While the first officer ultimately tried doing the right thing, the investigation determined his communication style to voice his concerns bordered on acquiescence. There was a lack of conviction, almost as if he acceded to his fate at the risk of upsetting his captain. Meanwhile, the captain edged on aggressively, not accepting the reality of the situation being voiced by his first officer.
Ideally, we want to live in the middle, and I know what you are thinking - no, being passive-aggressive is not the solution. In fact, it is most certainly the opposite of where we want to be. Passive-aggressive behavior, characterized by “indirect resistance to the demands of others and avoidance of direct confrontation,” never solves anything. You can think of it as combining these two opposing behaviors, not the antithesis.
The aggressive person will get you to rise to their level, whereas the passive person won’t attempt to meet you anywhere. The commonly understood middle ground for this dilemma is being assertive - removing emotions from the equation to find an effective solution. In other words, proactive behavior is communicating directly and honestly without intentionally hurting another person’s feelings.
Personality conflict between pilots has been a known issue in flight decks worldwide for as long as we can remember. In some places, poor conflict resolution originates with cultural differences, particularly when individuals are shamed for challenging their elders. While this complex has come a long way, there are still instances where conflict resolution between pilots has been problematic.
Luckily, we can learn and adopt many methods to this dynamic, particularly with Crew Resource Management (CRM). Also known as “Cockpit Resource Management,” its origins date back to 1969 when a former Royal Air Force and BOAC pilot David Beaty wrote a book titled “The Human Factor in Aircraft Accidents.”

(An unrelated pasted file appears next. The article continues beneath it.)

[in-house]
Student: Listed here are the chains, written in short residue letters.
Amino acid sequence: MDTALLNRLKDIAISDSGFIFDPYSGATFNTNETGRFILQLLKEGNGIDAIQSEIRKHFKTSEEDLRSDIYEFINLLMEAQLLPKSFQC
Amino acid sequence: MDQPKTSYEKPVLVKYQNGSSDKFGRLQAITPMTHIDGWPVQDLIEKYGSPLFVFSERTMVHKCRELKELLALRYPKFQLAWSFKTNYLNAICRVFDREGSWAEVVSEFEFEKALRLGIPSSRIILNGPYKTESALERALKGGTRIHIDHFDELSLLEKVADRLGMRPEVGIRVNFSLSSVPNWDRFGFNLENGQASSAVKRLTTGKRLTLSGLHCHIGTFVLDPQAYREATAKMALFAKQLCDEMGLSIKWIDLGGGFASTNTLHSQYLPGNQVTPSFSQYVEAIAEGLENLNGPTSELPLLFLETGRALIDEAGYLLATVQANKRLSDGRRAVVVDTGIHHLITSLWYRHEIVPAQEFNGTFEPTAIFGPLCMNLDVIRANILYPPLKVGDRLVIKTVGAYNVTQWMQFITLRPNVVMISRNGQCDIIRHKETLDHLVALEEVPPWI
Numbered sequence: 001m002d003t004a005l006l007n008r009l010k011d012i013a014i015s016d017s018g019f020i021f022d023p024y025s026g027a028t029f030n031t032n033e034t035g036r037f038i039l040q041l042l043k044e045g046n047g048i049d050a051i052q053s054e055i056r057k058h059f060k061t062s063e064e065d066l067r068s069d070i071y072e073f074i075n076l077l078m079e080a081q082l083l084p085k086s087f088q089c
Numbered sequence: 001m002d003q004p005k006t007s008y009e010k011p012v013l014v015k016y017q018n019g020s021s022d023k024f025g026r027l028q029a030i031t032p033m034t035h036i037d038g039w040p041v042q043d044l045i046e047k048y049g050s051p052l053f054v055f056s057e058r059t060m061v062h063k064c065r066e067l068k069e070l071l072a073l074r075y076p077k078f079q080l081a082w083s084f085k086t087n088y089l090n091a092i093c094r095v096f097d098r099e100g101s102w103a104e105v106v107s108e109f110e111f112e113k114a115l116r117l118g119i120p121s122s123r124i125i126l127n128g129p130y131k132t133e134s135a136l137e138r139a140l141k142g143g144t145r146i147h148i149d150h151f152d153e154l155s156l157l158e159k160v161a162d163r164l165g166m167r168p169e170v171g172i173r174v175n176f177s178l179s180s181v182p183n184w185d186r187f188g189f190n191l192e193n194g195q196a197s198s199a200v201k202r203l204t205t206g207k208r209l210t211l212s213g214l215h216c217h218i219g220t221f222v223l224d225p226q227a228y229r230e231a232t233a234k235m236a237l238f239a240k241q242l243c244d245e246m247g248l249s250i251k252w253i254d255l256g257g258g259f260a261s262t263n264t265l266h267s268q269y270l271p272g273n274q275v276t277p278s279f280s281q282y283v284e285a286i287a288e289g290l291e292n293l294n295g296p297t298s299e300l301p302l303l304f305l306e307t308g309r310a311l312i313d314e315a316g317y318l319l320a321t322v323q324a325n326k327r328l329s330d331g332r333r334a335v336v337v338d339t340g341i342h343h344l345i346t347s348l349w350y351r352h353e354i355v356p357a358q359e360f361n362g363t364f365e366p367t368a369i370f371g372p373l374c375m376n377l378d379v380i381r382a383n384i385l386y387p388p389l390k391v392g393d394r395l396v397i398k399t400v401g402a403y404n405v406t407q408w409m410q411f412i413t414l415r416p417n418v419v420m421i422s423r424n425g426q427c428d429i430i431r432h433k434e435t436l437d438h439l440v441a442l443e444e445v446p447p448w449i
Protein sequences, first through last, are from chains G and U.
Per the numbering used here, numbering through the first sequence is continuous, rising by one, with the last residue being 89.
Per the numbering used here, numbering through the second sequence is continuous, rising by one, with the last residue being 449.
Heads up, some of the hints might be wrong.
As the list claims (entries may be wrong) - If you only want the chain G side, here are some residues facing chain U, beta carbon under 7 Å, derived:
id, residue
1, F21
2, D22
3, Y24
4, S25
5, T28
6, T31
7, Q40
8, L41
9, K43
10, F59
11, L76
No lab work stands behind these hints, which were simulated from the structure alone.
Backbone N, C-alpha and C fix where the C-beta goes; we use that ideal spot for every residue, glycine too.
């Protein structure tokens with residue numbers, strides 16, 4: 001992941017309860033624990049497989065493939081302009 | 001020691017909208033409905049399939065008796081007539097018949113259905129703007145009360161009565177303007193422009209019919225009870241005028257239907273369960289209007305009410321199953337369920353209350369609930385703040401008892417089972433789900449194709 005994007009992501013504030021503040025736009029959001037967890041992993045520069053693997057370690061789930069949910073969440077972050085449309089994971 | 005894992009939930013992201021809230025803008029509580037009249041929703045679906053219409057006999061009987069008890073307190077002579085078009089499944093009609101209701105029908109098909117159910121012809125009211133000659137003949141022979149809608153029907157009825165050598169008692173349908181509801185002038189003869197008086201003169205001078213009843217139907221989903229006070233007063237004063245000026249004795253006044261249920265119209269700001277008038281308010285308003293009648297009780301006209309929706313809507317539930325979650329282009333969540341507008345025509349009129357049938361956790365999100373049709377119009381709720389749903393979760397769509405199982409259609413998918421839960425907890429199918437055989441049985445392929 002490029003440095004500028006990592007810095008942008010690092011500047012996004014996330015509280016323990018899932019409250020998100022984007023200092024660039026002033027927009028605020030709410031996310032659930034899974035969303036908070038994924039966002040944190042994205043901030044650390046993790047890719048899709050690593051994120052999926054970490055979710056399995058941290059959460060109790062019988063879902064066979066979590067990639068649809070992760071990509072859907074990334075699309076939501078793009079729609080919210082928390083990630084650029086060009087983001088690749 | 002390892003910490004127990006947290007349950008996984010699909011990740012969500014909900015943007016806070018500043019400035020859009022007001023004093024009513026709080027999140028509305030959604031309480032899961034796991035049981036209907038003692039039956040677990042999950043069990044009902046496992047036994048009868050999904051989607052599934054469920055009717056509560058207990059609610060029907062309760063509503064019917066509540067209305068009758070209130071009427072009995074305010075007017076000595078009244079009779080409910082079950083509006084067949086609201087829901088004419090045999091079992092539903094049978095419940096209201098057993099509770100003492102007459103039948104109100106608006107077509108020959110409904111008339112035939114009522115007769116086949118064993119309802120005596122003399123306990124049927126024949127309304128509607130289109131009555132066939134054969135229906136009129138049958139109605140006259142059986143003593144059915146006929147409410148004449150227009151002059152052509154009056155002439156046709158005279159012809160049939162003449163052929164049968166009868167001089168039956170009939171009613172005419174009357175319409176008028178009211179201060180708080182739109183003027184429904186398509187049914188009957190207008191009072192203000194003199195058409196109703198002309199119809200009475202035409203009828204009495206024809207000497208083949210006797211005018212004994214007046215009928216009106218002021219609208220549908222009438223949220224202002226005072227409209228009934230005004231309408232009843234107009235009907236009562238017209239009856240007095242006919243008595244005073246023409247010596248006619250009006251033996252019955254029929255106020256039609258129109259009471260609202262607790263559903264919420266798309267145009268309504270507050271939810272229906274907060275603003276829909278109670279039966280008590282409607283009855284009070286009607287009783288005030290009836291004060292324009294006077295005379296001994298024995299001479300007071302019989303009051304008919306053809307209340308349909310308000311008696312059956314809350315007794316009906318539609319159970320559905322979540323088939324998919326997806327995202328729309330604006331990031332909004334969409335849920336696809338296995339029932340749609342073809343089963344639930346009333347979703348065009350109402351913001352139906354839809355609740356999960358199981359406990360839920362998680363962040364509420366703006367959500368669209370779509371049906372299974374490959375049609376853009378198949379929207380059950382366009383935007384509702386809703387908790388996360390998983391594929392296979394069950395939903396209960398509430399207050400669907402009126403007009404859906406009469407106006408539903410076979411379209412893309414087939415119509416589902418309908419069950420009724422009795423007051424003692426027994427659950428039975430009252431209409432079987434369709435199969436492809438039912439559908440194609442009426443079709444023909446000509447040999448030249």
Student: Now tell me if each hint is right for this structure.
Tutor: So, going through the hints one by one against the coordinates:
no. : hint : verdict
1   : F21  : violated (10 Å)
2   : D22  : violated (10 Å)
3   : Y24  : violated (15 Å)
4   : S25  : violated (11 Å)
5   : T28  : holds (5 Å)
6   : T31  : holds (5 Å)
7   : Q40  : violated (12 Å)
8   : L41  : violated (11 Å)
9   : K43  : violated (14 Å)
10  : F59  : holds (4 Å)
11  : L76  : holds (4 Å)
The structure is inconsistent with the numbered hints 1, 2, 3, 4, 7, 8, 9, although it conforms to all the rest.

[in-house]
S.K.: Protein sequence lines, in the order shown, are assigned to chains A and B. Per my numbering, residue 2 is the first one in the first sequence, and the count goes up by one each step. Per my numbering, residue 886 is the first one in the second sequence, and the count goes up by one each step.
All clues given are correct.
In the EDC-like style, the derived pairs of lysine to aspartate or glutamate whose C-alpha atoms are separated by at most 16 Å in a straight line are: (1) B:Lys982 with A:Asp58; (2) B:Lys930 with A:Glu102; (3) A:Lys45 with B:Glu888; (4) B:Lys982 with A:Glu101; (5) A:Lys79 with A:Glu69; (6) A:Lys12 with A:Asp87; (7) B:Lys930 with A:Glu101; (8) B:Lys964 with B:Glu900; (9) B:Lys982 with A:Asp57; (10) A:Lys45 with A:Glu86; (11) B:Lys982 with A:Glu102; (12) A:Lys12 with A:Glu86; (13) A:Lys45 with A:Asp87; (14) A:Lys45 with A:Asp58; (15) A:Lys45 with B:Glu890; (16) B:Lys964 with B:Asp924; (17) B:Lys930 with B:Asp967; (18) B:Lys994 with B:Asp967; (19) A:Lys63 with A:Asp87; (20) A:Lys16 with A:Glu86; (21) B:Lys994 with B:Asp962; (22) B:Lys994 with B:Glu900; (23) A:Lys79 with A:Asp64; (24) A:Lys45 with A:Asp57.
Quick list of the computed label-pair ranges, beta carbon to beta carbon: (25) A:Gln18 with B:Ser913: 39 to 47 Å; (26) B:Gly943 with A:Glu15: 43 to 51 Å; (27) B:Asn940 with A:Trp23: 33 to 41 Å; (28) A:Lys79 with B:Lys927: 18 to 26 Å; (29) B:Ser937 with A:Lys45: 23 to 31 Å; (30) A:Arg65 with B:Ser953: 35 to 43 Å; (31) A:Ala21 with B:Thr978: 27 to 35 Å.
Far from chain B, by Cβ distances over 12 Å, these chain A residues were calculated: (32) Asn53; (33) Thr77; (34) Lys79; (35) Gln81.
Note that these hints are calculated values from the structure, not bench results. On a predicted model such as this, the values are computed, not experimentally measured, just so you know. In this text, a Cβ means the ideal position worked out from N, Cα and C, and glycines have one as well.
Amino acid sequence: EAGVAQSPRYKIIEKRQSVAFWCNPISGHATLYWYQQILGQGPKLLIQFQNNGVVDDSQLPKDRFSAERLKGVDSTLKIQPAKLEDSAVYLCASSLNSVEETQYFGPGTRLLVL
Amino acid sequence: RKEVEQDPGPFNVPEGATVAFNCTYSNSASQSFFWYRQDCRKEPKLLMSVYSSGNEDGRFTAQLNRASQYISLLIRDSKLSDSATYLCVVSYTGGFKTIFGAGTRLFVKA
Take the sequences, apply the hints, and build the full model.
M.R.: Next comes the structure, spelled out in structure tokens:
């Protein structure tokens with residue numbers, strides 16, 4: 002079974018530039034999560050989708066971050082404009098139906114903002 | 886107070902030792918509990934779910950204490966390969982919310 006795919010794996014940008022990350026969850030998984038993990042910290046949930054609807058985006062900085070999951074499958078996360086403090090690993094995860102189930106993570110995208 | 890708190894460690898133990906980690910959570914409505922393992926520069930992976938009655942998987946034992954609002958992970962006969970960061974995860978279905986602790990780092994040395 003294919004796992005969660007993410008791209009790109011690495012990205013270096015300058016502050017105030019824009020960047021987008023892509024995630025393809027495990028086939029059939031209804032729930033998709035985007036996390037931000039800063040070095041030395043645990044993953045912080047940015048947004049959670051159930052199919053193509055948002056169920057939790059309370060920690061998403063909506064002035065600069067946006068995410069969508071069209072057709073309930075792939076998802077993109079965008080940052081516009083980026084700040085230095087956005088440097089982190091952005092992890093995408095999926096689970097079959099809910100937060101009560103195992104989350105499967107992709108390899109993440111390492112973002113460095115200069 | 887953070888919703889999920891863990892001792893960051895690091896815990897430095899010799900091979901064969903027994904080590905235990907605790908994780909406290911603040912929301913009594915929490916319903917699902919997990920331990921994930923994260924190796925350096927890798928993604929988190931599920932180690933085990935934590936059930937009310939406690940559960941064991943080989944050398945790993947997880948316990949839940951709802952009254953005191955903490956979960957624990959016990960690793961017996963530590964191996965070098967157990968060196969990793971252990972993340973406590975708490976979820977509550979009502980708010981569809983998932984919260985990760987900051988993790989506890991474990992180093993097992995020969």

This framework would lie in place for years. However, it was not until human factors played a critical role in the Tenerife Disaster of 1977 that formal training was pushed into classrooms. By the 1990s, most airlines had implemented a CRM module into their flight training.
Balance, balance, balance. Most of us will lean one way or another on a normal distribution. It is our responsibility to accurately identify our position and make adjustments, day by day, to create assertive habits we can build upon. The aggregate effort will benefit both your personal and professional life. A productive mantra is trying to be a little better than the previous day.
Extreme cases may require external help. Overly-aggressive individuals may need anger management, while passive people will require a push from others to motivate any change. It may be alarming at first and difficult to process, but there is nothing wrong with getting a little external nudge. I encourage others to remain supportive since extreme cases usually wreak havoc in other facets of their lives, which can be a lot to grasp.
I will discuss more about how we can maintain balance in future posts. For example, I am finally getting around to reading the book Nudge by Richard Thaler and Cass Sunstein, which is full of helpful material. Particularly in times of conflict, there are habits we can build to keep us from approaching either extreme, whether it be passive or aggressive. But, we cannot do anything until we understand - thus, welcome to the Center of Gravity.